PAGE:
Tips for First Time Expats To Nicaragua



 We’re Not In Kansas Anymore!

Often expats forget they are in a different place, with a different culture, language, customs and ways of doing things. You need to consciously embrace the differences of where you are each and every day to avoid those frustrations. Living in Nicaragua requires a lot of patience and the more you have the better acclimated you will be.

 Be Open And Don’t Look Back to compare

Be comfortable to be alone, be open to surprises and don’t look back at your home country for the first  couple of months. Avoid socializing with too many expats and make as many local friends as possible!

 Visit, Experience, THEN Decide To Live here Or Not

Some good Advice  … take a short trip to Nicaragua and spend 3 to 4 weeks in an apartment to see if the local way of life fits you. Too many folks move because of one aspect–such as low cost of living–only to find they don’t enjoy other aspects of life they hadn’t considered from afar.


Embrace Minimalism

When you decide to move less will definitely be more. Sell everything except for the essentials and mementos; paying for a large monthly storage unit is money better spent on getting things you will need to lie here  and that money will often go a whole lot further here. You would be surprised to find many of the items you thought you couldn’t live without you will manage just fine without them. It is also great to know that many of the items you have back home, you can find here.

Find an Expat Community

Find a place where other expats live. Especially if you will be coming alone. If you speak Spanish,  you’ll be able to mingle freely with the natives. Although it is super important to integrate in your local community you will no doubt enjoy the company of like-minded foreigners.

Learn The Language To Love The Destination

You will need to spend at least 1 month here before you will begin to know what you like and don’t like, and whether it’s a place that you would consider living. This will go a long way in helping you to help you appreciate the culture and have better relationships. This will improve your security and ability to learn the best places to shop, eat and visit.

It is highly recommended you register with a language school to learn Spanish and some of  the culture as an affordable way to discover your destination.

Get Real

Don’t base your plans on what you think is going to happen. Get realistic about life abroad, not as a tourist but as an expat. Joining expat forums on Facebook other platforms is a great way to engage with expats who already live here.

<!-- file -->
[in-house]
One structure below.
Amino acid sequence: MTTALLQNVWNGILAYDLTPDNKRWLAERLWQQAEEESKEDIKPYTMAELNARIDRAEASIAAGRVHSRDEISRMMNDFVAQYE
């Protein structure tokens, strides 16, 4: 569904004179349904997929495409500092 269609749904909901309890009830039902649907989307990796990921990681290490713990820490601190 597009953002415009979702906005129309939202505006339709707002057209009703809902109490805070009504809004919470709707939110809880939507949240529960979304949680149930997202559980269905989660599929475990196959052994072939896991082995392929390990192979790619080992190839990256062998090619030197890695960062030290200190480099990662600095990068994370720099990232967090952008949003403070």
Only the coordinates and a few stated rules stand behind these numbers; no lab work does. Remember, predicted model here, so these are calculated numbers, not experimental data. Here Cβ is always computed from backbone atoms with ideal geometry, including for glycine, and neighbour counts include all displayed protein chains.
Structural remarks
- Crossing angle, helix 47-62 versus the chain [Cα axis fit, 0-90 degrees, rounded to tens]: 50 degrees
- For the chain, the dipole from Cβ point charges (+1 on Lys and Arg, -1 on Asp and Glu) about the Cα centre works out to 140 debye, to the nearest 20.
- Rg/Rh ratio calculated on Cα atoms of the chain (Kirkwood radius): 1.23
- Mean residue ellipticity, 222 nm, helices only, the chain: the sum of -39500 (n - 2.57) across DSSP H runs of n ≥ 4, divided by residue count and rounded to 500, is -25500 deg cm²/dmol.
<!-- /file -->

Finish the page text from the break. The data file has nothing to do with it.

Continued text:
Forget About The Lobster And Enjoy The Coffee

Keep an open mind, because many things will be different from what you are used to and it’s easy to focus on what you are missing, rather than what you are gaining. You may not be able to find your favorite Chocolate truffles, but Nicaragua has quite an array of imported items and  you will be surprised to find just how many comfort foods from back home you will be able to find.

Don’t be Isolated

Moving to a foreign country is very exciting. New people, cultures, experiences and adventures are around each corner. While this can all be great for the first month or so, after awhile it’s natural to begin missing your life back home. Soon you find yourself wishing you could talk to the cashier while at the store, or being able to ask for directions without stumbling through your high school Spanish. Many people end up feeling isolated and alone, even in the largest, most exciting cities. This is commonly referred to as “culture shock” – and can quickly turn your adventure into a nightmare, making you count down the days before you return home. The best way to avoid falling into this trap is to embrace your new city – did you play sports at home? Find a league you may be able to join in your new city. Many cities with expats have monthly meetings and events you can attend.

Learn to Adapt!

Americans and many other foreigners already have the reputation for being ignorant (we don’t speak any foreign languages) and arrogant (won’t bother to learn any).
The best advice is  learn to adapt to social differences asap. Find other Expats who have lived here a while and ask them what you need to know. There are little nuances that you would never think are different. We think “everyone in the world does it like us” – this way of thinking will severely set you back on your path to integrating into the Nicaraguan way of life.



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